How consumers really engage with a brand
Marketers should simplify purchasing decisions, a process that is four times more effective than social engagement in driving sales.
I confess: I am predisposed to like experts who see things the same way I do. And that’s especially true for advice on social media, where almost all of what I am reading sounds off-base to me.
Imagine my excitement when internet communications guru Gerry McGovern cited the IBM Institute for Business Value and Forbes in announcing that most consumers are not seeking to join businesses’ “communities.”
IBM’s survey showed that 60 to 65% of business leaders agree that consumers follow brands via social media to be part of communities. However, only a fourth of consumers agree. The real reason they sign up is to get discounts!!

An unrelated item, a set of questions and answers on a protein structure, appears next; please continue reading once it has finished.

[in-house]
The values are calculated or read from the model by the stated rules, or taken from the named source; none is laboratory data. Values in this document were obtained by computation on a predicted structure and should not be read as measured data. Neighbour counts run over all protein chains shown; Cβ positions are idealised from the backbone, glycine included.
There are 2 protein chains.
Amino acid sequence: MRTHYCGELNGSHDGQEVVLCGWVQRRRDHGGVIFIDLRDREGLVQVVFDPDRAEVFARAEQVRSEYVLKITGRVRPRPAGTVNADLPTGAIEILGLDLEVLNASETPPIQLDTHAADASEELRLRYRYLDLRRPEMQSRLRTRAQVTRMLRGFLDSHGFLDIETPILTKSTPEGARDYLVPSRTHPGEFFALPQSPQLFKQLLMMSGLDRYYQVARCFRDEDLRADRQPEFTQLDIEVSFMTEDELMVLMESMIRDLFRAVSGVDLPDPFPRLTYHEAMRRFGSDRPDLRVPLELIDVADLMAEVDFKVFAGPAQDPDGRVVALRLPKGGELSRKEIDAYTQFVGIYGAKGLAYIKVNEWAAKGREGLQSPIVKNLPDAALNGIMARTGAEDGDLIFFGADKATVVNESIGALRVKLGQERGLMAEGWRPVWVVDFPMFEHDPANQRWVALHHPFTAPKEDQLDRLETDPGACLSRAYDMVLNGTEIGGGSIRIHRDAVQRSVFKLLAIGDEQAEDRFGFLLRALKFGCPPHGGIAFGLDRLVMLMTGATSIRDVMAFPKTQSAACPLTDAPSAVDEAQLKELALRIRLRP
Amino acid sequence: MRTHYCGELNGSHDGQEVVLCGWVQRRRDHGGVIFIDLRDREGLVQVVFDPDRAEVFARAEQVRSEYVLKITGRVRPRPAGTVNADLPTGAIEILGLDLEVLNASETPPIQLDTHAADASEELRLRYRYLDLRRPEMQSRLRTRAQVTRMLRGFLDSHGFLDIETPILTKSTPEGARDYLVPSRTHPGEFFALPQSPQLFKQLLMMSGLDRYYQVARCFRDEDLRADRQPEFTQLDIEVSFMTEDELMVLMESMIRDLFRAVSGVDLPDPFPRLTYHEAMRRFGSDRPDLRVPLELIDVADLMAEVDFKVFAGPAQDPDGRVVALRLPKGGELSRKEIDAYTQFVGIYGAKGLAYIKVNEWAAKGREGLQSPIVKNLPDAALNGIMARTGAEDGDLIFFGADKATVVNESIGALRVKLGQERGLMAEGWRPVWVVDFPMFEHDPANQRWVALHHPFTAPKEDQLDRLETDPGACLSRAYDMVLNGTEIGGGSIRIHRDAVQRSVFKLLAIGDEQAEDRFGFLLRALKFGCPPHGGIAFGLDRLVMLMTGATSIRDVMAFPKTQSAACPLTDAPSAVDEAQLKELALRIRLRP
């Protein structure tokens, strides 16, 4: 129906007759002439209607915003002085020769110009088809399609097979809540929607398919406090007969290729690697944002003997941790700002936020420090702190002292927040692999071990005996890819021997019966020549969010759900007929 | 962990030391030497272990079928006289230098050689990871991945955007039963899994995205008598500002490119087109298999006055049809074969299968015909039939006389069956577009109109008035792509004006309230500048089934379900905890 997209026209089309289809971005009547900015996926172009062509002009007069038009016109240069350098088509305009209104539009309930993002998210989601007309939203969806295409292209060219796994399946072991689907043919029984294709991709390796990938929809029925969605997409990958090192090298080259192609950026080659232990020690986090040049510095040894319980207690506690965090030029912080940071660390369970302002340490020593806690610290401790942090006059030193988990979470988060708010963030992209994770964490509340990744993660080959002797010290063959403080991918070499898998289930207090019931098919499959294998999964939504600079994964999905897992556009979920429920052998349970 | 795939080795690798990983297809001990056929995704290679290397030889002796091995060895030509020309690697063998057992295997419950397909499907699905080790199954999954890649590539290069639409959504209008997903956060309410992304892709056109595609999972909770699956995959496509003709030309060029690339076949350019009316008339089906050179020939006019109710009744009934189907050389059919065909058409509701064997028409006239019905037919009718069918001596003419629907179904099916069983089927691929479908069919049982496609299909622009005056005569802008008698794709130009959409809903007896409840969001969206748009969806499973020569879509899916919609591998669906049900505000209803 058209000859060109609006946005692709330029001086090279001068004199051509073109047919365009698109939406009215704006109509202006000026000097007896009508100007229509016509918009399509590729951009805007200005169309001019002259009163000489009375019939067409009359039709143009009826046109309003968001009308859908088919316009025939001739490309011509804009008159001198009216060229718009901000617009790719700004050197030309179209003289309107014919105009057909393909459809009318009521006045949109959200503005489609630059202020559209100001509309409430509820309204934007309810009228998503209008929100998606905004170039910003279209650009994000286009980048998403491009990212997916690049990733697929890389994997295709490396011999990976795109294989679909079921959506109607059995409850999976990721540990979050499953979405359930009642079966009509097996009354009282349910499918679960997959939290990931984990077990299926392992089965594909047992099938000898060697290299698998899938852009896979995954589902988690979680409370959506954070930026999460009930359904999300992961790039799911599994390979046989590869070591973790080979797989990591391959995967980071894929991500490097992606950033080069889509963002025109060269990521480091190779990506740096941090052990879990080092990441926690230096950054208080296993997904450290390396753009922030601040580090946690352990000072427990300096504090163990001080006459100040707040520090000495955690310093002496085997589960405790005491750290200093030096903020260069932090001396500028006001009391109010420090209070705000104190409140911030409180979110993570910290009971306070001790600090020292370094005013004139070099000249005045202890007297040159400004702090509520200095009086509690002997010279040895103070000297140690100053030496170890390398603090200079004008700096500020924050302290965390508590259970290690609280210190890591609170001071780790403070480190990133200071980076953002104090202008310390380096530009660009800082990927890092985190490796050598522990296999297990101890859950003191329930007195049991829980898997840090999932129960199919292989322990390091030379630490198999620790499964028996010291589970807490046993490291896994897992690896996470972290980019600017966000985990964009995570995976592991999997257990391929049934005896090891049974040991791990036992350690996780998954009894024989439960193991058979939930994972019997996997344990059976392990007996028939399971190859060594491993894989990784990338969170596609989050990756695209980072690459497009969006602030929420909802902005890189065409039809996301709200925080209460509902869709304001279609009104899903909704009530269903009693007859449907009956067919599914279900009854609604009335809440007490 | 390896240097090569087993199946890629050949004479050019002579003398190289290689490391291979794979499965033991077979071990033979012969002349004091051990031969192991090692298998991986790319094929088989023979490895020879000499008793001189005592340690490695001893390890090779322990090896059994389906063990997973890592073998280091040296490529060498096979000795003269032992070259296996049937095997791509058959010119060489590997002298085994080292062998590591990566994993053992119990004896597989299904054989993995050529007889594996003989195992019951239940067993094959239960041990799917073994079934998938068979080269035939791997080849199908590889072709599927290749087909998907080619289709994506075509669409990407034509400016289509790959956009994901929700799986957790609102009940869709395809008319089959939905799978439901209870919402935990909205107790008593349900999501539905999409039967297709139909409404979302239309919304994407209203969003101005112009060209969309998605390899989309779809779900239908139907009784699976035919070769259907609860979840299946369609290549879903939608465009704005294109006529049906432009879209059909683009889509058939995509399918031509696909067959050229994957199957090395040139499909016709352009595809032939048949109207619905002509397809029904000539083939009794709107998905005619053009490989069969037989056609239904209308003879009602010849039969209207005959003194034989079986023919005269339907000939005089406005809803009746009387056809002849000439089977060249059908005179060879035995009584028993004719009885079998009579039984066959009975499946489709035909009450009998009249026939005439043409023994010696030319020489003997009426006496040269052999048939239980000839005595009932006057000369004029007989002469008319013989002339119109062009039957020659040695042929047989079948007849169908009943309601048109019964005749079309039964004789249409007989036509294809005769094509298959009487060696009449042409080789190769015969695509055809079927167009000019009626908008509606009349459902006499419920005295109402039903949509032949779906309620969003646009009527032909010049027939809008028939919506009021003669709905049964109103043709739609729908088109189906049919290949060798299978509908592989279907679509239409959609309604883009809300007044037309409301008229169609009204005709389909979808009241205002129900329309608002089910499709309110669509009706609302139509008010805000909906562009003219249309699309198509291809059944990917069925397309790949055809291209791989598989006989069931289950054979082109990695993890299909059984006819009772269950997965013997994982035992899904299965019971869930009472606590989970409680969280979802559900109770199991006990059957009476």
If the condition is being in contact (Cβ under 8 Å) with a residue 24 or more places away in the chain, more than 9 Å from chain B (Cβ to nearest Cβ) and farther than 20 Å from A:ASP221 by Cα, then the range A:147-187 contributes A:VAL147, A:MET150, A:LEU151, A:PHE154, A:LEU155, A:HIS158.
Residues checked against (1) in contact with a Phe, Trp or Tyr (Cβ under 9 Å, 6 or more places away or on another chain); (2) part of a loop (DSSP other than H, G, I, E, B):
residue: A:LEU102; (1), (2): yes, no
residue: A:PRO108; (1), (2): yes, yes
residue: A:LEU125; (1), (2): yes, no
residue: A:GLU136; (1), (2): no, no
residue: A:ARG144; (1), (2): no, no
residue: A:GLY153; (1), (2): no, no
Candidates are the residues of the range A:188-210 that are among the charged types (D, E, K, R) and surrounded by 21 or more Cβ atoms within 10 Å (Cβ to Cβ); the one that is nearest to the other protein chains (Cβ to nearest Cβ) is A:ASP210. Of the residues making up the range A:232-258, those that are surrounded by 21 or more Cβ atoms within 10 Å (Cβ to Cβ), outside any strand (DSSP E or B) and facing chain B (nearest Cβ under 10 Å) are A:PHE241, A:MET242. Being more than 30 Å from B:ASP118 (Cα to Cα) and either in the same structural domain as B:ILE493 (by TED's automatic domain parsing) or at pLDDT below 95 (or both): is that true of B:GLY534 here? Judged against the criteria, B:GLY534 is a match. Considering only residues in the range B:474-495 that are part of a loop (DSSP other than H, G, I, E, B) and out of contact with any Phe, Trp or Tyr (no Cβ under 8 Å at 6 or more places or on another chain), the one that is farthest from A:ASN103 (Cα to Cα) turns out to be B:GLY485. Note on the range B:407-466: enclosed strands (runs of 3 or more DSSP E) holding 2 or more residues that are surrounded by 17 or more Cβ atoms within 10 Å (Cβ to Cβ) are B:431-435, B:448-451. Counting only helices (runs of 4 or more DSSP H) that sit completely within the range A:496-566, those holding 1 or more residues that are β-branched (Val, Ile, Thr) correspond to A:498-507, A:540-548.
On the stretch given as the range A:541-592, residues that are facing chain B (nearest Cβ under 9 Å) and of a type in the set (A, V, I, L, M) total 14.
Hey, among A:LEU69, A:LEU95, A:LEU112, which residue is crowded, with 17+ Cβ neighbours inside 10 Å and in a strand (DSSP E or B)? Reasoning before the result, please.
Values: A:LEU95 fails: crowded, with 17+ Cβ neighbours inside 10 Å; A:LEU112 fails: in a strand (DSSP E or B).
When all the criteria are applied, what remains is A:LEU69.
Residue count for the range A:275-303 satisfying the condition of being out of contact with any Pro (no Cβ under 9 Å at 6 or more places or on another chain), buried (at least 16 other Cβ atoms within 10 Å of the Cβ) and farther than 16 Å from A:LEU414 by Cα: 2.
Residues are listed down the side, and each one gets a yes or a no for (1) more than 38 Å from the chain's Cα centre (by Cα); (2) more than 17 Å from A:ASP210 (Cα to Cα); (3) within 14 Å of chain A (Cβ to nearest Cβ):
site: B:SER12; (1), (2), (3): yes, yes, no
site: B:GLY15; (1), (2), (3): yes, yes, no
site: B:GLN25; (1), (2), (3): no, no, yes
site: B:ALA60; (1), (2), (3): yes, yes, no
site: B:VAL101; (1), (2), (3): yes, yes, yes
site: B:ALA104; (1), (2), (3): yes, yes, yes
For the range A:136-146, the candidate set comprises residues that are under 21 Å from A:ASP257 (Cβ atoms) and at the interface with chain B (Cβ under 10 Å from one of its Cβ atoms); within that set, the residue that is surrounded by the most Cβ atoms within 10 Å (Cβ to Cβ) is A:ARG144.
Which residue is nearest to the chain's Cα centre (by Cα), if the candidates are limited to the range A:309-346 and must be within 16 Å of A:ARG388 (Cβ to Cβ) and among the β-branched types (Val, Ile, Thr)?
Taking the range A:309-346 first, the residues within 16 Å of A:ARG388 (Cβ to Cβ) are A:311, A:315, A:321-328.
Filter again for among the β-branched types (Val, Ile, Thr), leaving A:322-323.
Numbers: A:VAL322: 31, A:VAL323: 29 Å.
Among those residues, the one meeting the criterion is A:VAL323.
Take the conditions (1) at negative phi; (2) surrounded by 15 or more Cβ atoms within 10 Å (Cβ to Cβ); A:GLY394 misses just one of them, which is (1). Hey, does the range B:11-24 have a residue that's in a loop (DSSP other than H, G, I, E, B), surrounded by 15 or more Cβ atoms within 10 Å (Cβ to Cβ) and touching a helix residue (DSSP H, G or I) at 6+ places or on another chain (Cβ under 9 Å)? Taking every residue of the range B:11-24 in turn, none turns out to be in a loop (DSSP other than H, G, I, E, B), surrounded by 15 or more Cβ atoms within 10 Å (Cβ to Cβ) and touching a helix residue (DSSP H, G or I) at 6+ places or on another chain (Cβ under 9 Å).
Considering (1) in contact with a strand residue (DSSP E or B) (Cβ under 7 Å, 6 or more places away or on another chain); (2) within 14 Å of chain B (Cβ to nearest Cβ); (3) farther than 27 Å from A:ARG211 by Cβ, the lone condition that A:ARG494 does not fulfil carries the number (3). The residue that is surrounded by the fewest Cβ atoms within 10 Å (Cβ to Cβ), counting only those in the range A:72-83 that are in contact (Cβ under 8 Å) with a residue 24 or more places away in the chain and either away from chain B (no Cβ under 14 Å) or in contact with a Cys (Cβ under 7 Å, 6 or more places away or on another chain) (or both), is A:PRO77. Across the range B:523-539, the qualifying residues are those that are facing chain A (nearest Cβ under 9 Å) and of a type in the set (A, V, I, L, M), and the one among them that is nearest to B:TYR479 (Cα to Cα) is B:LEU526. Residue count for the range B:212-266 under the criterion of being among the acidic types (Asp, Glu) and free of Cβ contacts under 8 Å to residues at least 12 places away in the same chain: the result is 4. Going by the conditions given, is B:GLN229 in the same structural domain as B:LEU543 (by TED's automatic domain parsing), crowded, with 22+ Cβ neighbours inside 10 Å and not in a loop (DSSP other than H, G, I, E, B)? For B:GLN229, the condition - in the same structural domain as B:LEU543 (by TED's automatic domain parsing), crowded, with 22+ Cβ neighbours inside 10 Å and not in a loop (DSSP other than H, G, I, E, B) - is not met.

I’m not much for community—or tribes—though I have been an avid participant in master minds and other programs via involve Yahoo groups and similar forums. I take part in LinkedIn groups and check in on Facebook entities from time to time. Plus I sign up for lists, several of which come right in to my inbox and are regularly read.
Everything I actively participate in is led by a single individual (though perhaps with support staff). I read useful communications from larger organizations, but I don’t self-identify as their community member. And the glossy name brands seldom win my devotion.
If I were to “communitize” myself, it would be for discounts and coupons. Except that I rarely do coupons. I buy mostly store brands to avoid the tedium of coupon clipping, and I also save money by cutting back on shopping of all kinds. I only go in stores when I must and I seldom shop online.
Patrick Spenner of the Corporate Executive Board wrote in Forbes that “marketers are generally pushing out too much information, causing people to over-think purchase decisions.” Instead, marketers should simplify purchasing decisions, a process that is four times more effective than social engagement in driving sales.
Yes, let’s cut the clutter and online overload, giving people what we want. We simply want useful information and discounts, with less “shopping experience.”
Originally posted 7-24-12